Upcoming Events
  • September 17, 2014 Constitution Day William Peace University is delighted to invite members of the community to our annual Constitution Day! Constitution Day (or Citizenship Day) is a  Federal holiday established in 2004 recognizing the adoption of the United States Constitution and those who have become U.S. citizens. September 17 marks the day the U.S. Constitutional Convention signed the Constitution in 1787 in Philadelphia. The law establishing this holiday was created with the passage of an amendment by Senator Robert Byrd to the Omnibus spending bill of 2004. Before this law was enacted, the holiday was known as "Citizenship Day". In addition to renaming the holiday "Constitution Day and Citizenship Day," the act mandates that all publicly funded educational institutions, and all federal agencies, provide educational programming on the history of the American Constitution on that day. In May 2005, the United States Department of Education announced the enactment of this law and that it would apply to any school receiving federal funds of any kind. (Note: This holiday is not observed by granting time off work for federal employees.) More information will be forthcoming regarding special programming from the Office of Student Services and the Director of Student Activities. view Event
  • October 5, 2014 Women's Alumni Softball Game 2014 with a Home Run Derby & Family Cookout William Peace University will host an Alumni Softball Game with Coach Charlie Dobbins on Sunday, October 5 at 12:00 p.m. at WPU's Wachovia Softball Field. 1:00 p.m. - HOME RUN DERBY 2:00 p.m. - BALL GAME Cookout to follow! Green Giants, Peace Pride, and Pacers are all welcome to come home for the Women's Softball Alumni Game! Check out the details on our Facebook page. view Event
  • October 15, 2014 The Importance of Being Earnest William Peace Theatre presents Oscar Wilde's The Importance of Being Earnest, directed by Amy White. Working within the social conventions of late Victorian London, The Importance of Being Earnest is a farcical comedy in which the protagonists maintain fictitious personae to escape burdensome social obligations. The play's major themes are the triviality with which it treats institutions as serious as marriage, and the resulting satire of Victorian ways. Its high farce, humor and witty dialog have helped make The Importance of Being Earnest Wilde's most enduringly popular play. TICKETS: $5 students / $10 Alumni, Senior Citizens, Faculty & Staff / $15 Adults SEATING: General Admission Purchase individual tickets online here. Purchase season tickets online here. view Event

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William Peace University Continues Lunch And Learn Series With Valerie G. Hall, Ph.D., On Oct. 16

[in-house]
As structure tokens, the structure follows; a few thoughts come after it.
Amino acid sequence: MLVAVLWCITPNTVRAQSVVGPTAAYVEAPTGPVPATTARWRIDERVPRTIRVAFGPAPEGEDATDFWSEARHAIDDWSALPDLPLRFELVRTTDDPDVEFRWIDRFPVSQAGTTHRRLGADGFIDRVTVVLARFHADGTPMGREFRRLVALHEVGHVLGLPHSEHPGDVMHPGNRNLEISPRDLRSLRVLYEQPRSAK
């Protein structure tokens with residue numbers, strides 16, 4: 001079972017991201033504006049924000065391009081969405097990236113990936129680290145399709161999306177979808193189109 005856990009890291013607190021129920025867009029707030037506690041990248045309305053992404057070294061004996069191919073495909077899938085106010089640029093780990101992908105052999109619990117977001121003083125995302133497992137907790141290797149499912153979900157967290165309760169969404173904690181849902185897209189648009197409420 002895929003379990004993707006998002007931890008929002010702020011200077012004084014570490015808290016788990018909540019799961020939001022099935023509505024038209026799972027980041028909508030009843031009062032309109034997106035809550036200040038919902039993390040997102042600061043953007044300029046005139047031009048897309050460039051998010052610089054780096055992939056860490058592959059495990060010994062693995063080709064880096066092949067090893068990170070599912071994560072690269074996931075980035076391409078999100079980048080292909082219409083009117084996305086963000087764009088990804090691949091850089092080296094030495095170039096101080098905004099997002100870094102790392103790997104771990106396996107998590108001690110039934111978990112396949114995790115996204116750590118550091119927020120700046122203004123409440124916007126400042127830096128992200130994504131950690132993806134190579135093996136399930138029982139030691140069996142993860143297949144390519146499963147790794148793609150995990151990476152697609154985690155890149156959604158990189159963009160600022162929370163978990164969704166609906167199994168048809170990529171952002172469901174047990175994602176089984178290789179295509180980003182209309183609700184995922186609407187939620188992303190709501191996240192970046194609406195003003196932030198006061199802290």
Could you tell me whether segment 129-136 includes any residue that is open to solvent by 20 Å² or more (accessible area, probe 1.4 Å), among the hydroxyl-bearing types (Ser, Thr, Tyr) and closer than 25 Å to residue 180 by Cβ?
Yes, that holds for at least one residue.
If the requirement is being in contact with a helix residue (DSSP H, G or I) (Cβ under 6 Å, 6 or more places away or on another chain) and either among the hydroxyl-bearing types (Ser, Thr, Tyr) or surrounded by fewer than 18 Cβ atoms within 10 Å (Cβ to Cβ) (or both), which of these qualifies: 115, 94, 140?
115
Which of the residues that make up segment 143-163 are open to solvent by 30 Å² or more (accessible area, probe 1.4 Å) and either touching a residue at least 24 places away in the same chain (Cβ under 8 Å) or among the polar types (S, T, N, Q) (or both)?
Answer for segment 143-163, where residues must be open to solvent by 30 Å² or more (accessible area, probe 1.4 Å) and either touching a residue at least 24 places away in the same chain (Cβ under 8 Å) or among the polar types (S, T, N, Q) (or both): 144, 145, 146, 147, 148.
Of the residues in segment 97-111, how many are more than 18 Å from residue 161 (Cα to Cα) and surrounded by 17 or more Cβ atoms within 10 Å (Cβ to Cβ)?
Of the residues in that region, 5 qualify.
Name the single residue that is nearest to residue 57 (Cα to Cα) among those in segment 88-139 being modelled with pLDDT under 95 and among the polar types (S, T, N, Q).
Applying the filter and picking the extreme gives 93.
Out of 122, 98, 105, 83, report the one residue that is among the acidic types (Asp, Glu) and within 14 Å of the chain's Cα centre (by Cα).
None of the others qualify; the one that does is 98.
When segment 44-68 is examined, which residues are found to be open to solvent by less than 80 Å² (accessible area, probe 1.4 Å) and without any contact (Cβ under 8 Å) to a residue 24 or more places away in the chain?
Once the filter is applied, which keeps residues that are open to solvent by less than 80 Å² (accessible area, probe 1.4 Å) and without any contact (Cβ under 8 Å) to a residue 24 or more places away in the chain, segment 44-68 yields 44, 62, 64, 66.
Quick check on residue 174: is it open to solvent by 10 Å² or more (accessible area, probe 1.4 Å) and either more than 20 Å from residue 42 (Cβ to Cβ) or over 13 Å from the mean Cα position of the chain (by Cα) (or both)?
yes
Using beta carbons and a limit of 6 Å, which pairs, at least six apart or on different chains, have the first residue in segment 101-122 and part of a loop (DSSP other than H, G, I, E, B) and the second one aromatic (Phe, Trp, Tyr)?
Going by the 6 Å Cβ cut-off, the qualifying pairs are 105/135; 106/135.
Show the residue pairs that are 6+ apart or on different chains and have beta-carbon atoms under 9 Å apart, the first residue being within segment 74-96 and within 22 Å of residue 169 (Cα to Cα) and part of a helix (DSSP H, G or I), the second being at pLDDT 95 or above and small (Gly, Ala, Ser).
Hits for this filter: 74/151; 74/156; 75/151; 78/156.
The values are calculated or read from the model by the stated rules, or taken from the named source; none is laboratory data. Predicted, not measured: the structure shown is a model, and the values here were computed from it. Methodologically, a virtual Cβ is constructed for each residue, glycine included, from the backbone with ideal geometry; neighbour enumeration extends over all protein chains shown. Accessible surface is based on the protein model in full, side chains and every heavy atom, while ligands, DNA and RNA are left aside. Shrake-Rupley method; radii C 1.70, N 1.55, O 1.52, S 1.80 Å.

By William Peace University on October 16, 2013 12:04 am

William Peace University Continues Lunch And Learn Series
With Valerie G. Hall, Ph.D., On Oct. 16
Professor Emeritus Of History To Discuss How The Work English Women Undertook From 1860-1939 Shaped Their Life Experiences

RALEIGH, N.C., Oct. 15, 2013 – William Peace University, a private four-year university located in downtown Raleigh, has announced that the next presentation as part of its 2013-2014 Lunch and Learn Series will feature Valerie G. Hall, Ph.D., professor emeritus of history at the university. Hall will present findings from her book Women at Work 1860-1939: How Different Industries Shaped Women’s Experiences on Wednesday, Oct. 16, from noon to 1:30 p.m. in the Main Parlor building on campus, located at 15 East Peace Street. Hall’s work makes significant contributions to the historical studies of women, labor, economics and society.

Hall examines three different groups of women living in northeast England, including those in coal mining, inshore fishing and agricultural labor communities. Her findings show how the work these groups of women performed fundamentally shaped their overall lives. For example, mining women achieved power in their homes through their meticulous domestic work, fisherwomen contributed to financial decision-making through baiting lines and selling fish, and some single female agricultural laborers enjoyed greater independence through their work as opposed to those with families. In addition, Hall’s work analyzes important distinctions among women with regard to socioeconomic class.

Throughout the academic year, the Lunch and Learn Series will feature both university and visiting faculty, as well as guest researchers, lecturers, and experts from across multiple majors, topics, and industries. Students, faculty, staff, alumni and the greater Raleigh community are welcome to attend. Ticket cost will be $10 for adults and $5 for students and will include a bag lunch for all attendees. For more information or to register for the event, click here.

“We are pleased to welcome back Valerie for our October installation of the Lunch and Learn Series,” said Debra M. Townsley, Ph.D., president of William Peace University. “Her vast experience teaching and researching women’s history is sure to foster a fascinating presentation and discussion regarding women’s roles in England’s workforce. All of the events in this series are wonderful opportunities to highlight the work and expertise within our university as well as the greater educational community, and we look forward to welcoming those interested onto our campus to join in the discussion.”

“I am excited to return to WPU so that I can present my research findings to the campus community,” said Hall. “There is a rich history of women’s work in England during the late 19th and early 20th centuries, and it will be a pleasure to share this fascinating topic with others.”

 

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